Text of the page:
Centrally Managed Protection of Critical Business Content

By Jon Collins and David Perry

The last few years have seen a revolution in how organizations collaborate and communicate. While email has a long heritage, it has only more recently become acknowledged as a business-critical tool, to the extent that many companies would lose financially if it were unavailable for more than a few hours. Meanwhile, voice-enabled messaging tools such as Skype and Yahoo! have revolutionized interpersonal communications; things are not stopping there, as illustrated by the rapid adoption of social networking technologies such as blogs and wikis. As these capabilities continue to erode traditional, paper-based mechanisms, electronic content in the form of email messages, customer orders, service requests and other documents, is increasingly being integrated up and down the value chain, both internally and externally.

By embracing this brave new world of communications capabilities, and building applications that can take advantage of new ways of transmitting business related content, businesses can enjoy increased productivity and more efficient business processes through improved collaborative working environments, at the same time as strengthening supplier and customer relationships, and enhancing decision making through better access to information.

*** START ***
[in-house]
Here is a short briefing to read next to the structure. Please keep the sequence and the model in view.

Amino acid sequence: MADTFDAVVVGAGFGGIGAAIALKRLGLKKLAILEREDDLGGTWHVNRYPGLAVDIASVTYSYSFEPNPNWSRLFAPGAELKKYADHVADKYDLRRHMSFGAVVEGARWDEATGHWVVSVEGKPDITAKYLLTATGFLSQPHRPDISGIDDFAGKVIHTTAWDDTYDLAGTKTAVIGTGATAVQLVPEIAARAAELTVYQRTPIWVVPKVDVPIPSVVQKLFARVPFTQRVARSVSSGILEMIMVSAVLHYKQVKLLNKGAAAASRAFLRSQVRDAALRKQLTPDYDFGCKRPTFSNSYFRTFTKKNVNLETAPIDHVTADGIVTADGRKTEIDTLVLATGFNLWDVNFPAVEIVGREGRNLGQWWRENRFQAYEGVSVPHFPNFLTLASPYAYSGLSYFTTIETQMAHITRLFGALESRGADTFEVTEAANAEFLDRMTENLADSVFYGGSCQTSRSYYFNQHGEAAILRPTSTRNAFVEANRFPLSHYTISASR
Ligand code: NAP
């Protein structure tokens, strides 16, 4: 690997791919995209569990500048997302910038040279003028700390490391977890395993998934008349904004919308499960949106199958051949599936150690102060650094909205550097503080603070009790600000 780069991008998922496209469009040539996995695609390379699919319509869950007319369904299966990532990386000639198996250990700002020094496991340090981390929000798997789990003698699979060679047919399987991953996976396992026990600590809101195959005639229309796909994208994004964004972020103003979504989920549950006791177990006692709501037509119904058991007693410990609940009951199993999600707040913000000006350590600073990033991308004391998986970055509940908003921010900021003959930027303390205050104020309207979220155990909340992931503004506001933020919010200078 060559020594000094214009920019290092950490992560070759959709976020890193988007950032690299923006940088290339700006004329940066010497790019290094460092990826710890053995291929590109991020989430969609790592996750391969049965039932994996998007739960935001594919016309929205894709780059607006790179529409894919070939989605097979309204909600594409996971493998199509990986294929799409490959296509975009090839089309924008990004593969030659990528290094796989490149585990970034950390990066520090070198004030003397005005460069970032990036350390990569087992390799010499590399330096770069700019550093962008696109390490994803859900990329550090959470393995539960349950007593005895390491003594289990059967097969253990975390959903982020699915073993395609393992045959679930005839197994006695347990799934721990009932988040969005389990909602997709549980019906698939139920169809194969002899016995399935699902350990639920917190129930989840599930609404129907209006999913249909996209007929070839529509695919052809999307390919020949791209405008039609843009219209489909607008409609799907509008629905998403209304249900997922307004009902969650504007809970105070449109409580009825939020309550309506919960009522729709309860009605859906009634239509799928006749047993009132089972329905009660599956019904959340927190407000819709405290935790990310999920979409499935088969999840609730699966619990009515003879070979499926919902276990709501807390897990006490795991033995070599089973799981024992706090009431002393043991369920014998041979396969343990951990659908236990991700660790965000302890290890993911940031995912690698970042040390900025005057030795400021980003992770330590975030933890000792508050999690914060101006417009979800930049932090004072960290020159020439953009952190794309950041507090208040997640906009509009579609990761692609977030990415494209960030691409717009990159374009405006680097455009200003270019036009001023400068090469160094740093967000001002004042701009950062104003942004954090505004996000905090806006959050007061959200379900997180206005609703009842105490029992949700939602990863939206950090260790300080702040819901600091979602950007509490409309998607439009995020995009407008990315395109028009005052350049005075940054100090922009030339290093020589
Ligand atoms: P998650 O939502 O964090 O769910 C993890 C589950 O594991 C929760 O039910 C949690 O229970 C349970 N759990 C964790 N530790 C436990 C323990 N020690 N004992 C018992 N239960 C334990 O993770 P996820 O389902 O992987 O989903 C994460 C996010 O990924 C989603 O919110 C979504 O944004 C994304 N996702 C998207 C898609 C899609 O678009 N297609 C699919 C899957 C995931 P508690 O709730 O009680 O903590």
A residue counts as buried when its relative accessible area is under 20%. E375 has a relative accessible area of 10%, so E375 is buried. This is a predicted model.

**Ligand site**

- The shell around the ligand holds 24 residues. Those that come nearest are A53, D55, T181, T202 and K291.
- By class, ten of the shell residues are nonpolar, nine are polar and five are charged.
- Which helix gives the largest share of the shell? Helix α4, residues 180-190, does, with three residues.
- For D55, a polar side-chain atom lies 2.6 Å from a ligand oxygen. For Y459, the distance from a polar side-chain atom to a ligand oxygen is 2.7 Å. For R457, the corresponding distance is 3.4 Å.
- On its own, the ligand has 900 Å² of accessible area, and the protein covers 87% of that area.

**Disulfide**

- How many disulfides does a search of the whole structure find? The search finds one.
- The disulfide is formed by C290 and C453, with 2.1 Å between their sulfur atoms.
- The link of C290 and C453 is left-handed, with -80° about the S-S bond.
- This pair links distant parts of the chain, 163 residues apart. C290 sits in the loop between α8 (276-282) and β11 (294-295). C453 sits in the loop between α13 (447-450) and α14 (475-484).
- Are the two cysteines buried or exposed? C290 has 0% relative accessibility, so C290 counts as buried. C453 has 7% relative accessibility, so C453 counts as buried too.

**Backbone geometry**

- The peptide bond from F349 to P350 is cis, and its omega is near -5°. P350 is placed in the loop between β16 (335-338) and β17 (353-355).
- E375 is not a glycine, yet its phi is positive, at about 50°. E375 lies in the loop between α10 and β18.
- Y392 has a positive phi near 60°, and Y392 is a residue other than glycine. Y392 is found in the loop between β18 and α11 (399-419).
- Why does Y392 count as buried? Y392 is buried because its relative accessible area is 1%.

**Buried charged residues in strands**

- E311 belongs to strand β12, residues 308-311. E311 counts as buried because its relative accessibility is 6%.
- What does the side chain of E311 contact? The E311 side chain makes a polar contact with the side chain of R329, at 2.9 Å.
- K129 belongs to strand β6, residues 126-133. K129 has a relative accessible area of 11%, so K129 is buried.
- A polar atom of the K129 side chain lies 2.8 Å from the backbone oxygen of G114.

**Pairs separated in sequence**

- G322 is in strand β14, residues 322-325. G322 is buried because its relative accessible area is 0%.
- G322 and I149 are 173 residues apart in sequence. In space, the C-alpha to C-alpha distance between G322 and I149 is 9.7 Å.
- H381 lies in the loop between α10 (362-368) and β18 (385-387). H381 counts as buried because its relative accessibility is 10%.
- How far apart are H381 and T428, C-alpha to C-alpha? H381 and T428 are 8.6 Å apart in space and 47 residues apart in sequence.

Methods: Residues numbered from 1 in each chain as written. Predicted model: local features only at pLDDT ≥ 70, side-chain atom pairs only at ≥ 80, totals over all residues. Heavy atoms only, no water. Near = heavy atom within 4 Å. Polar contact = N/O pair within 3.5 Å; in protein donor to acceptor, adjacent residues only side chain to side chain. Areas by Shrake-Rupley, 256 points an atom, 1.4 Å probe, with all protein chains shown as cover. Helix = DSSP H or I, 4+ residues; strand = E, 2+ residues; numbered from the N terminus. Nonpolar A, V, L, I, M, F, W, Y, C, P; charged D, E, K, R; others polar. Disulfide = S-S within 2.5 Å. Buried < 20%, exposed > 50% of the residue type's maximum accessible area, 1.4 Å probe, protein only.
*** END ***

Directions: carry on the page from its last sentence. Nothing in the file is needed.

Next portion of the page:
However, as more information is held and exchanged electronically, so organizations are subject to increased risk, for example from data leakage and malicious software such as computer viruses and spyware (malware). New, integrated approaches to security are required to protect both the content being transferred and the people and organizations concerned; also, organizations need to show how they are maintaining compliance when faced with the deliberate, ill-advised or unintentional behavior of their own staff.

This report focuses on content protection technologies, the role of which is to minimize such risks through the monitoring and management of both inbound and outbound content. A successful defense will depend on the ability of the enterprise to centrally deploy and manage content protection across the business environment, from the end points, at the gateway and indeed, inside the Internet cloud.

Content Contributors: Jon Collins

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